LOS ANGELES (Reuters) - Jessica Sanchez, the teen with the big voice, chose power ballads while Phillip Phillips went with an indie vibe as the two diverse “American Idol” finalists sang on Tuesday for the hearts and votes of America.
Sanchez, 16, bidding to become the youngest ever winner of America’s most-watched TV show, was deemed ahead after performing songs made famous by Whitney Houston and Celine Dion.
But it was acoustic guitar-playing Phillips who brought all three judges to their feet at the end of the performance finale.
“You were perfect tonight, and I think you are the man,” said judge Steven Tyler as Phillips closed the show with his potential first single “Home” - a song that mixed the style of folk-rock band Mumford and Sons with Paul Simon and featured a marching band.
Randy Jackson called the Georgia singer’s performance “brilliant, genius” and added “Dude I loved the song! I loved you. I loved the production ... Everything about that was perfect.”
Phillips, 21, also put his own spin on his two other songs - Billy Joel’s “Movin’ Out” and the classic “Stand By Me” - earning screams of adulation from the audience of 7,000 in Los Angeles. But he failed to convince the three judges.
“This is a tough one,” said Jennifer Lopez. “It’s like a battle of the opposites.”
Sanchez, a home-schooled California teen, won praise for her renditions of Whitney Houston’s “I Have Nothing” and Celine Dion’s “The Prayer.”
But her potential first single, a pop ballad called “Change Nothing,” fell flat with the judges, bringing tears to the eyes of the young singer.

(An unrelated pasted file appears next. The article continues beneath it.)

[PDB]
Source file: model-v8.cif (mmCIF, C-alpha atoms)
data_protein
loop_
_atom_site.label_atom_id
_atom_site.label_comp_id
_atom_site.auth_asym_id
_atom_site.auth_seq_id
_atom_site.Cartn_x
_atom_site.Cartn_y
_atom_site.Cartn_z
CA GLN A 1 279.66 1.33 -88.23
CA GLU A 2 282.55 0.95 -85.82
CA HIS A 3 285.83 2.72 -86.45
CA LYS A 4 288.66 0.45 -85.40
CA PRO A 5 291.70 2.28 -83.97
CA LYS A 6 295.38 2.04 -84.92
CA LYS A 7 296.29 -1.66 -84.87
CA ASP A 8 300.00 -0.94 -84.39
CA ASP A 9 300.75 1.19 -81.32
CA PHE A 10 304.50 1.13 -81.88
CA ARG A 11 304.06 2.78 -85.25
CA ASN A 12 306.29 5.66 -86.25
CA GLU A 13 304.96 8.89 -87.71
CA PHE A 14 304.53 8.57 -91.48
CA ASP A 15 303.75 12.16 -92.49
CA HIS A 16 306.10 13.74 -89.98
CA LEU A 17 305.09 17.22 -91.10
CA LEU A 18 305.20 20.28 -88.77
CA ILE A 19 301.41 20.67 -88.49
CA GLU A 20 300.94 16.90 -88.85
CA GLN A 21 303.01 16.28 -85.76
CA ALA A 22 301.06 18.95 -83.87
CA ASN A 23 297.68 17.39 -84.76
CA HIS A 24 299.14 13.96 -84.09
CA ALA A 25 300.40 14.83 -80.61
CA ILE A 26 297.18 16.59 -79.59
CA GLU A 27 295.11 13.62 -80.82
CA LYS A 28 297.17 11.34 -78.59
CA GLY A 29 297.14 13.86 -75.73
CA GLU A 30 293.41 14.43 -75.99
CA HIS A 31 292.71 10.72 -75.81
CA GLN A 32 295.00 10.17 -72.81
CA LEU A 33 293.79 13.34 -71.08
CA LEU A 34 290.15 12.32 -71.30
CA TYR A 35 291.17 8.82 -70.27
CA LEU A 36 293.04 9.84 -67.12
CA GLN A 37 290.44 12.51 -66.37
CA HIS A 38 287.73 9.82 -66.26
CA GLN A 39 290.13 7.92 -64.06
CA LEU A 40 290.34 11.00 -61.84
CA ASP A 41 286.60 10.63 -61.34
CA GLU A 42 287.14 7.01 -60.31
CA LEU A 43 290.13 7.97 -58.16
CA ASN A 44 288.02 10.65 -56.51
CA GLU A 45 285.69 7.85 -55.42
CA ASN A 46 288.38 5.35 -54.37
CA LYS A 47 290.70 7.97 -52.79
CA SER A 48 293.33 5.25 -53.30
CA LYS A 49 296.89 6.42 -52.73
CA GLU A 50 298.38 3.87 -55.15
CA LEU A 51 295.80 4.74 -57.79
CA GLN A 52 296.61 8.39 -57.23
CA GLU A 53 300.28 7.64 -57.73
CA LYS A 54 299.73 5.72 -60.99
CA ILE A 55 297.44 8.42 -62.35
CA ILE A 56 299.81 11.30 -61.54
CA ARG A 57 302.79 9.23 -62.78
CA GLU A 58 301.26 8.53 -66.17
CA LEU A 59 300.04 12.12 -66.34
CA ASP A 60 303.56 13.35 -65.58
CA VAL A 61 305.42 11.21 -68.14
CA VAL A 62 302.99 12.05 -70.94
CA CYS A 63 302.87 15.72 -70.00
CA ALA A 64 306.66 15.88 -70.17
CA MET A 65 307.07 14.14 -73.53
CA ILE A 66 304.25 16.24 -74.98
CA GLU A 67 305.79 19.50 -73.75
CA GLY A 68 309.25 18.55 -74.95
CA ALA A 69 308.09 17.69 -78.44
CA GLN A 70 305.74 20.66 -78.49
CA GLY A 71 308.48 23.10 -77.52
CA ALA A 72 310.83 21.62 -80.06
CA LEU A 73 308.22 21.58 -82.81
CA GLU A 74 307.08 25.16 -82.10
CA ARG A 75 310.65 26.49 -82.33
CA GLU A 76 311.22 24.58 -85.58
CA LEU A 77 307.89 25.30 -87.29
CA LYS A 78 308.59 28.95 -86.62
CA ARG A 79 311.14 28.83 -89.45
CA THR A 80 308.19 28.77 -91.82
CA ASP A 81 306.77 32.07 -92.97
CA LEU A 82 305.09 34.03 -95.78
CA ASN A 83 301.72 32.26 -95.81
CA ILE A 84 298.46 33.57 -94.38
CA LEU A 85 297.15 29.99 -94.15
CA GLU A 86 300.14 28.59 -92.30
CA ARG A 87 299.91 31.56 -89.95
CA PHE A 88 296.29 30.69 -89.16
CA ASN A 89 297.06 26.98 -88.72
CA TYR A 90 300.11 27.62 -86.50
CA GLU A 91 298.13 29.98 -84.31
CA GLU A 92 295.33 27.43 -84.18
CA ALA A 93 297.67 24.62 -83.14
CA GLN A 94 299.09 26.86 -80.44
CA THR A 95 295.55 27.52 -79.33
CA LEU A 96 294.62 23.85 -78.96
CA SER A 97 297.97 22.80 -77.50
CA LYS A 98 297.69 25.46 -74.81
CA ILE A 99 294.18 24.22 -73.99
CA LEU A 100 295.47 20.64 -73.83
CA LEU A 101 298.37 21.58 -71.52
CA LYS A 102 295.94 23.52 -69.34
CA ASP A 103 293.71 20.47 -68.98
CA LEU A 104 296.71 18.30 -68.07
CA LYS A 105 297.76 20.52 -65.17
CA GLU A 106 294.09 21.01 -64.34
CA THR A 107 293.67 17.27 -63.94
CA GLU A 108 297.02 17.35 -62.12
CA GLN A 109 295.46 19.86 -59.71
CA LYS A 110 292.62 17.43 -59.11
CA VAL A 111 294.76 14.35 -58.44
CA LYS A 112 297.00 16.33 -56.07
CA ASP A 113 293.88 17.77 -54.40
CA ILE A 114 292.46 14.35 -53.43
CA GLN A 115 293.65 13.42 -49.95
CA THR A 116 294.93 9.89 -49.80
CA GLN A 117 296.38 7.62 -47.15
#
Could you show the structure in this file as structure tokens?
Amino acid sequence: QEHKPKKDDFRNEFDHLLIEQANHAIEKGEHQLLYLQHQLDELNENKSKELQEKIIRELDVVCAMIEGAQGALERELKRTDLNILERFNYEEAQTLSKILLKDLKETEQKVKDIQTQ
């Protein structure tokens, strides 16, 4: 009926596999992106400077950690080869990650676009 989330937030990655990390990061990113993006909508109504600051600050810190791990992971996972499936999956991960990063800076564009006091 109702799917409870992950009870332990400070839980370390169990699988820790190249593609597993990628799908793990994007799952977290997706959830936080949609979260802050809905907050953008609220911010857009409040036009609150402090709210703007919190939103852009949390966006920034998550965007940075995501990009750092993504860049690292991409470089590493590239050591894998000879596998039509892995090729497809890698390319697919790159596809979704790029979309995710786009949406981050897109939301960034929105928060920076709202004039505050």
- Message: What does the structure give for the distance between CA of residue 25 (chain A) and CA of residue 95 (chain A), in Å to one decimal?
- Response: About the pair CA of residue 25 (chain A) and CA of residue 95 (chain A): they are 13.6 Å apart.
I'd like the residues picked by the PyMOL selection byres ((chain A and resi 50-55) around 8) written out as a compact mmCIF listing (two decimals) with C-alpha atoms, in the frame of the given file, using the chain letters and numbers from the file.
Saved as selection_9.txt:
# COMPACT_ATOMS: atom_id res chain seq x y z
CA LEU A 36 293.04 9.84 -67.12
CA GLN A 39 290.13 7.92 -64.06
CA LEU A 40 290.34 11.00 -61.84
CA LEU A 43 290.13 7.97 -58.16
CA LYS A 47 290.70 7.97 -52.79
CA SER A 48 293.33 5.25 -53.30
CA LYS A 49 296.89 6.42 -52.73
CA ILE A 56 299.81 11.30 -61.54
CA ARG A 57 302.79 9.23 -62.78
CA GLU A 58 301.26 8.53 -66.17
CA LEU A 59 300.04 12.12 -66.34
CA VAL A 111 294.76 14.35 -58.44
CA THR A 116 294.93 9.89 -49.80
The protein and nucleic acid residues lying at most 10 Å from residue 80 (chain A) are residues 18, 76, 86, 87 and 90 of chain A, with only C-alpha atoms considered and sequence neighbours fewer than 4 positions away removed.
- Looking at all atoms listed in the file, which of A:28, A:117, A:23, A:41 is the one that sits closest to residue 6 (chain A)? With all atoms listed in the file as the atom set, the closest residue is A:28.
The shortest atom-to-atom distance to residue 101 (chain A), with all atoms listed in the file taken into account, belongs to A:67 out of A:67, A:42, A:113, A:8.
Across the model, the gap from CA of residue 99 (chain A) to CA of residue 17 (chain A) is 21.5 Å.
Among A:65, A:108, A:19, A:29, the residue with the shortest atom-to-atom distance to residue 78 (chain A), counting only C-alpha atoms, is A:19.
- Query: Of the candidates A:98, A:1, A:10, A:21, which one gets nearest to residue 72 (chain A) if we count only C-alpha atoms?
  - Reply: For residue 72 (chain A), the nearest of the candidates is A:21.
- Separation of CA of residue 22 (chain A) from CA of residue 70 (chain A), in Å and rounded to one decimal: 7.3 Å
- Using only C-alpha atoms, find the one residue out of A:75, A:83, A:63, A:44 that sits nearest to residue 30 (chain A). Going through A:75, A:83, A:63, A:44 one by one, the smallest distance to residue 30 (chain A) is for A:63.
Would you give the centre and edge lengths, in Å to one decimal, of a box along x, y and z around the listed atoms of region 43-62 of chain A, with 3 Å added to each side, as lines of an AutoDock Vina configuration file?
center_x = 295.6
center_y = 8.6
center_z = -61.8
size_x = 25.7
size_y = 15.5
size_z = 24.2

Jackson thought the song was “just okay” while Tyler said “It didn’t feel like the proper song for you to sing.”
But the judges’ impact is limited to potentially swaying audience votes. America’s “Idol” will be chosen by viewers and fans who have four hours to vote by phone, text and online after the show ended on Tuesday. Results will be announced at the end of a star-studded two hour finale Wednesday on Fox television.
Based on social media buzz and Twitter postings going into Tuesday’s final, Sanchez had a 17 percent lead in Yahoo! searches, the Internet search engine said.
She also generated 6o percent more mentions in social media than Phillips, according to a survey by analytics company General Sentiment.
But Phillips, whose goofball humor has charmed millions of young female viewers, has never been in “Idol”s bottom three. Sanchez, who is sometimes criticized for failing to connect emotionally with her lyrics, was saved by the judges from elimination in April after coming bottom in the public vote.
The young girl of Mexican and Filipino descent has a thousands of supporters in the Philippines, while Phillips has won sympathy for a kidney problem that has plagued his health during the show. “Pheel Better Phillip” read one poster in Tuesday’s audience.
Wednesday’s winner will receive a guaranteed recording contract, putting him or her on a potential road to the stardom enjoyed by early champions Kelly Clarkson and Carrie Underwood.
But more recent winners have fared less well and audiences for “American Idol”, now in its 11th season, have fallen by 23 percent to an average 19.2 million viewers.
Reporting by Jill Serjeant; Editing by Bob Tourtellotte